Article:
Batteries and fuel cells for Norwegian coastal cruise route ship

2020-02-12T14:48:29+00:00 February 12th, 2020|Technology|

Norwegian Electric Systems (NES) is involved in a project to bring zero emissions in the Norwegian World Heritage Fjords and along parts of the Norwegian coastal route.

NES is looking at combining batteries and hydrogen fuel cells on Norwegian coastal vessels.

Stein Ruben Larsen, Bergen-based NES’ Senior Vice President Sales said that the company is leading integration efforts that will see the largest fuel cell ever fitted on a large vessel, being fed hydrogen from liquid storage instead of the more frequently used compressed gas.

The ship will become the most advanced clean coastal cruise ship in the world when the planned retrofit is completed in 2023. Batteries will be then used to store additional energy to make the system truly emissions free, he explained.

She is currently being designed in Norway by Havyard Design for Havila and she is under construction at the Tersan Shipyard in Turkey, with the integration competence coming from NES.

The year 2023 will be an important one for shipping as it is when the IMO will have to deliver its initial strategy for de-carbonising shipping. This vessel could be a crucial benchmark in making this achievable as the world’s first cruise ship powered by a liquid hydrogen fuel cell, the company said.

Fuel cell development for maritime use has evolved rapidly from the first low-powered versions that were fuelled mostly by LNG and seen as replacements for auxiliary-power systems a little over a decade ago, to much more powerful systems today that have the potential to be used instead of primary engines providing propulsion.

This particular vessel is the subject of the development project FreeCO2ast and once delivered, she will run along the Norwegian northern coastline, plus areas which the country has designated as sensitive and subject to tough emission rules.

Larsen said that the work is progressing to move to the second phase of the FreeCO2ast project having brought the partners together to work on design and power requirements. The project team is working with Linde, the tank supplier and the fuel cell supplier PowerCell to obtain an Approval in Principal (AiP) for the hydrogen system.

“The ability to move to a 3.2 MW fuel cell that enables the vessel to sail zero emission for long distances along the coast will be a milestone within green shipping. For tourists experiencing the Norwegian coastline it means this vessel will be able to enter the country’s unique ad beautiful World Heritage Fjords where vessels powered by any form of hydrocarbon that produces CO2, exhaust and other emissions will be banned from 2026,” he said.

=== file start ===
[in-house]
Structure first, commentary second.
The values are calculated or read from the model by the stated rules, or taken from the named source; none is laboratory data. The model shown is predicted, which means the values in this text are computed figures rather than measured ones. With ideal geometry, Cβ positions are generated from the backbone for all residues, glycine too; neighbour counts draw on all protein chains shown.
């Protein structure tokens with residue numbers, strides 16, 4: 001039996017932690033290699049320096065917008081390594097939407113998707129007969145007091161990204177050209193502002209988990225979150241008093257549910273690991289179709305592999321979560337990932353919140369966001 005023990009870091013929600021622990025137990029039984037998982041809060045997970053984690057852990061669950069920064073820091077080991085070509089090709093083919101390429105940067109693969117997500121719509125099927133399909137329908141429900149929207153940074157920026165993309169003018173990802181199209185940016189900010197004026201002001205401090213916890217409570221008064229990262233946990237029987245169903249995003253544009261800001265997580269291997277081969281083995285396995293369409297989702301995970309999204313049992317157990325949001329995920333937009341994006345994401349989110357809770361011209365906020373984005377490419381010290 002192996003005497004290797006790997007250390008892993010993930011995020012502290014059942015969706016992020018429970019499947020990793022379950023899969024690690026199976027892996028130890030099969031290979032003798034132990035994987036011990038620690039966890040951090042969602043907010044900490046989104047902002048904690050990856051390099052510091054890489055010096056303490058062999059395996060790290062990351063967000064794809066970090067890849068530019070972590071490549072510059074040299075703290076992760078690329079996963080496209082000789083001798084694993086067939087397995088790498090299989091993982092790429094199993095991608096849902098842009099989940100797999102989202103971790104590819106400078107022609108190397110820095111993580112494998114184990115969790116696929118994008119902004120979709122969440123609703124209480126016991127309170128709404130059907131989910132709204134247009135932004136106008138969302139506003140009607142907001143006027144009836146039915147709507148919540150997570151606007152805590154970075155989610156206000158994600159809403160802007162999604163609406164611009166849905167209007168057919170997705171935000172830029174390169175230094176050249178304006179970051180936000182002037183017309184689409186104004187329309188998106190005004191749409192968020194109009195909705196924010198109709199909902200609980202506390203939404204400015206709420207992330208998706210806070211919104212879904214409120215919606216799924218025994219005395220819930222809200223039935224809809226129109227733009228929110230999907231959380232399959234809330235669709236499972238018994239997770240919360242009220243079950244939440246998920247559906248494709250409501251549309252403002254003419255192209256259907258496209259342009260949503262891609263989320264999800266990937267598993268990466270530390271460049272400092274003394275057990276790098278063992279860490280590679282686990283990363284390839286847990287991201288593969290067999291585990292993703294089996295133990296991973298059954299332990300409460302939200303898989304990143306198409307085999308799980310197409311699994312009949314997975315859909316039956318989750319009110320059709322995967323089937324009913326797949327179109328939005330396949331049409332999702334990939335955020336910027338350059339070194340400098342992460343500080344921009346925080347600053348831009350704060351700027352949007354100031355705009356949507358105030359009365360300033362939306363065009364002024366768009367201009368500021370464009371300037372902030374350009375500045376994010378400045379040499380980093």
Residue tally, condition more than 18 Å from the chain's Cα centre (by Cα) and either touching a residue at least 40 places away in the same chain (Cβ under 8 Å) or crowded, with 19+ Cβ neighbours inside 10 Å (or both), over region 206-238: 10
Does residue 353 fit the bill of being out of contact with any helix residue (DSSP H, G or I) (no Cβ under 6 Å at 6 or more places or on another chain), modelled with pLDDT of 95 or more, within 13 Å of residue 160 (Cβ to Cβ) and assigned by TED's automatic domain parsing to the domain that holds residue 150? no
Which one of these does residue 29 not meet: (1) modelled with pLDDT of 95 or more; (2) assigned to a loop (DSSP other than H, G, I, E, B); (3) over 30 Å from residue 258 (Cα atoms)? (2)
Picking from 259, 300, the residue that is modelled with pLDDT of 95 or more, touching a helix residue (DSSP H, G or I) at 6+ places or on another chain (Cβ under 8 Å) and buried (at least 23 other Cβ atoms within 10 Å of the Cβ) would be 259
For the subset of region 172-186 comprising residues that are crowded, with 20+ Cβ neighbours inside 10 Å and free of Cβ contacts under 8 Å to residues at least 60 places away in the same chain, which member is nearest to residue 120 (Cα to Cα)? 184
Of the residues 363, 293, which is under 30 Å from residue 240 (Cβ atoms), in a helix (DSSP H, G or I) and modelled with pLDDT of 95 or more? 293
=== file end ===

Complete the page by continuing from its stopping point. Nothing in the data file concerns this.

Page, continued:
NES to examine batteries in 2013 and has now expanded its business to look at fuel cell integration, as it sees many different solutions, and combination of solutions, being needed to meet the challenges being set with ships aiming to de-carbonise.

Larsen claimed; “Norwegian Electric System has become a world-leading supplier within energy design. Our knowledge about vessel operations and competence of integrating the latest available energy sources is vital to design optimal propulsion systems.”

“For some vessels batteries will be feasible,” added Vice President Technical, Torbjørn Haugland. “But for larger vessels and longer routes batteries will not have enough power or capacity. Here, we need to look at other solutions, and fuel cells are part of this solution. However, we cannot use fuel cells powered by hydrocarbons, so, with the growing acceptance and production of hydrogen, we looked at integration of a liquid hydrogen tank and the required fuel delivery system.”

Havila’s coastal route project is an opportunity for NES to demonstrate its ability to stay ahead of the technology curve and find integration solutions for the arrangements that future ship designs will be searching for.

“Being involved in this project is a great honour, a great challenge and a huge opportunity,” said Larsen. “It shows that we can take ship design and power systems to levels that many critics said were not possible just five years ago. The project aims to retrofit a hydrogen system within 2023 that will be operational with a 3.2 MW hydrogen fuel cell, and we strongly believe that by that time we will have developed and fully approved commercially hydrogen solutions for large vessels,” he concluded.